We have a president of the United States who is moving to shut down the government at the same moment that he is inviting America’s adversaries to breach its defenses. The withdrawals in Syria and Afghanistan, combined with the exit of the last top administration official who aspired to serve the national interest rather than Trump’s, invites hostile moves against the United States from ISIS, Russia, China, North Korea, and the Taliban.
This has even grabbed the cynical Mitch McConnell’s attention: He has declared himself “distressed” by Mattis’s resignation, a major step in rhetorical escalation in a party where Susan Collins’s pathetic periodic expressions of “concern” are what pass for criticism of an outlaw president. Marco Rubio’s words were stronger, a move to protect his viability for another presidential run, but more outrage from more GOP leaders will follow.
What will move them is not necessarily Trump’s hara-kiri isolationist agenda but the damage his behavior both abroad and at home is inflicting on the financial markets. The sheer uncertainty of a chaos presidency is pushing the Dow to its worst December since the Great Depression.
McConnell and his humiliated departing peer Paul Ryan have tolerated Trump’s racism, misogyny, and nativism, his wreckage of U.S. alliances, his kleptocracy, and his allegiance to Vladimir Putin. They have tolerated as well his con job on the coal miners, steelworkers, and automobile-industry workers of his base. But they’ll be damned if they will stand for a president who threatens the bottom line of the GOP donor class.
AT LEAST Rich was onto something by the end of that quote. The factor that has empowered Trump throughout his rule of ruin has been the willingness of the rich and their servants in Washington to look past his transgressions as long as Trump’s policies were lining their pockets with tax cuts and deregulation.
If that bet stops paying off, then Trump should start to worry.
Almost from the time he took office, political observers have warned that Trump’s administration might end in his impeachment and removal from office.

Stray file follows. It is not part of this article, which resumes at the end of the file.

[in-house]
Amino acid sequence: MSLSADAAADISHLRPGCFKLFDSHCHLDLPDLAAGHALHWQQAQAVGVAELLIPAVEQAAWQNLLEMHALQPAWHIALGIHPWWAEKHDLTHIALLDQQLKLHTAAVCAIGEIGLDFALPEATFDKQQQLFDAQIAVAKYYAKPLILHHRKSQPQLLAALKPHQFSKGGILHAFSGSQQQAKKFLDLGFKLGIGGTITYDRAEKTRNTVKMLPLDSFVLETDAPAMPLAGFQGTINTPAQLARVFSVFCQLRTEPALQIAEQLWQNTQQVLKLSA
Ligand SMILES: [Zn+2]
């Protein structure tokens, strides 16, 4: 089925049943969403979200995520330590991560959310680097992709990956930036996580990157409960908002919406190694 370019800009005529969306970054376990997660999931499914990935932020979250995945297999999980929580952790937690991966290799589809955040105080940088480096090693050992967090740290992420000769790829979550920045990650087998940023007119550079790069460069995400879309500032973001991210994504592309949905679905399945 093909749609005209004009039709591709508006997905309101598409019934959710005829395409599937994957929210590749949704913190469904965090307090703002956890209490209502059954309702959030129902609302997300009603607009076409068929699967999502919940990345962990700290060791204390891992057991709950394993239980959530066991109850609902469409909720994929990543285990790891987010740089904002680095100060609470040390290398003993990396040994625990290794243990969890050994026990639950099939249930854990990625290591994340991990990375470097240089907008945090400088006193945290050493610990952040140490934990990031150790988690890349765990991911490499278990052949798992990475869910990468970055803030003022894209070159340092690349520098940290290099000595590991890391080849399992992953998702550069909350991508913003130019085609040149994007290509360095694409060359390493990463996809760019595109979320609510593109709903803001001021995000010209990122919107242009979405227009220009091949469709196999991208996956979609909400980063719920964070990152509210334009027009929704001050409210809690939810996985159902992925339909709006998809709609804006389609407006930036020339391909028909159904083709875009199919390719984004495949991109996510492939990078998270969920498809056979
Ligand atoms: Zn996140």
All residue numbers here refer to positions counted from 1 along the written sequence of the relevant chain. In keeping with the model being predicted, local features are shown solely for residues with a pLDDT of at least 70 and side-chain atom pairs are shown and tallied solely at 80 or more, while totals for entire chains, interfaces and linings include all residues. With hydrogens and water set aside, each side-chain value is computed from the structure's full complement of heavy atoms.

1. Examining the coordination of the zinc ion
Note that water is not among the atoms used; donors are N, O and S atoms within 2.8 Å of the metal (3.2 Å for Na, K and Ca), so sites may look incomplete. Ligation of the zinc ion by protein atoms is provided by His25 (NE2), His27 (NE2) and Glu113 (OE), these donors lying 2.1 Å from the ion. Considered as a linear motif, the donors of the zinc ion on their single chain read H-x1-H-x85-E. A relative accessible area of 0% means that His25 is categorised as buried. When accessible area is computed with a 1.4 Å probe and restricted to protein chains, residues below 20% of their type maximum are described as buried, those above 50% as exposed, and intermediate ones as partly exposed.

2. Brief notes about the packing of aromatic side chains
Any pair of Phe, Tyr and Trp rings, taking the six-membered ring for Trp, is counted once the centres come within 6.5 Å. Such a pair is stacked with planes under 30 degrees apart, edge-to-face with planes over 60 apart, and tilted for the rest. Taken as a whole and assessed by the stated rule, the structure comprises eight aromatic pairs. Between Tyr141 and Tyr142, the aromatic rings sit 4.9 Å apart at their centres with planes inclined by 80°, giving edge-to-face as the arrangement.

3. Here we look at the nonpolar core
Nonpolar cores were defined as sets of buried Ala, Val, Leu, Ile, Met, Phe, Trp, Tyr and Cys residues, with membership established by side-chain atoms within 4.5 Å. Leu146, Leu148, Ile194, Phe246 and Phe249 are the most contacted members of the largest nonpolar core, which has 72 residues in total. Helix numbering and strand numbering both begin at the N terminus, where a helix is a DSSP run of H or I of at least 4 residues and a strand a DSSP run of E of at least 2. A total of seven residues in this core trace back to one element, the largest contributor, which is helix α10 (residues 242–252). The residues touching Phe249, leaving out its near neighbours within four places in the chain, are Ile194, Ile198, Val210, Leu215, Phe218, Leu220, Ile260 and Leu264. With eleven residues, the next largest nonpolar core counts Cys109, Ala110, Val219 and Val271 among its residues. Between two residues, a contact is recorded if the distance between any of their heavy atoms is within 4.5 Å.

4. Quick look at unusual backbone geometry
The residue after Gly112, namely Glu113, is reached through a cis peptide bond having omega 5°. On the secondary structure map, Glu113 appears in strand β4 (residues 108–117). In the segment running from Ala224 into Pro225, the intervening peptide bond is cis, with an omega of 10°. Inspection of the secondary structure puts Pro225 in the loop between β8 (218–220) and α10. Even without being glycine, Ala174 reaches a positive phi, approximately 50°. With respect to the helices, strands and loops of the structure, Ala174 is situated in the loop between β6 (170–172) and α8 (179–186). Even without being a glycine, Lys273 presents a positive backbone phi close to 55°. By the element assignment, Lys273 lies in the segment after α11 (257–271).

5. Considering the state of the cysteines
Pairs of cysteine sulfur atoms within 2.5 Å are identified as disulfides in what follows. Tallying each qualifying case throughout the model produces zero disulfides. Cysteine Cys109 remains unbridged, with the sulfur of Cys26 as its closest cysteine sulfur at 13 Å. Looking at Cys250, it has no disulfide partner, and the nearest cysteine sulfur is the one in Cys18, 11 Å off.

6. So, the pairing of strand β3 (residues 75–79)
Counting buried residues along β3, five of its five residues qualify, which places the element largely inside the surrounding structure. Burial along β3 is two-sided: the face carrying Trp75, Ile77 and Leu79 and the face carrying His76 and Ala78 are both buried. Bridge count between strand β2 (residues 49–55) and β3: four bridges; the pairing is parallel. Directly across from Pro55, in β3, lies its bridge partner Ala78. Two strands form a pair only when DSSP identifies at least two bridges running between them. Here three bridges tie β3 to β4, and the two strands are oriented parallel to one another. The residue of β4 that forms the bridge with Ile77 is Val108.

While the most fervent supporters of the Democratic Party have been hoping this for two years, the Democratic Party leadership has tried to steer away from any talk of impeachment. During the 2018 midterm elections, the Democrats didn’t want to play up impeachment talk for fear that Trump would use that to animate his core supporters.
In the end, Trump did succeed in firing up his supporters — mainly with his racist campaign against the migrant caravan. The mobilization of Trump’s supporters, along with the huge anti-Trump mobilization on the Democratic side, combined to produce the highest midterm voter-turnout rate in a century. But even with the mobilization of the Trump base, the Republicans still were blown out in the midterm elections.
But now that the Democrats are safely in charge of the House of Representatives, their calculations may change.
Certainly, the Trump administration, from the “lumpen capitalist” at the top to the cast of grifters and industry toadies in administrative offices, will provide congressional investigators with a full roster of corruption and unseemly acts that could lead to prosecutions.
But a political earthquake will rumble through official politics if Mueller’s report documents Trump engaging in illegal and impeachable offenses.
UNTIL NOW, the conventional wisdom assumed that Trump would be able to ride out the storm to face re-election in 2020.
First, even if House Democrats impeached him, Senate Republicans wouldn’t vote to remove him from office. Second, internal Justice Department memos drawn up during the Watergate scandal in the early 1970s suggest that a sitting president can’t be indicted. If Mueller and the Trump Justice Department hold to that policy, then Trump has every incentive to hang on as president to avoid ending up being prosecuted.
Finally, Democrats, having seen how effective Trump is in rallying the Democratic base, have an incentive not to see him removed from office.
But the 2018 election weakened Trump’s standing in Washington, and the other signs of chaos, from the plunging stock market to high-level resignations, have made impeachment more probable.
This was the message of veteran Washington journalist Elizabeth Drew’s December 27, 2018 New York Times op-ed article.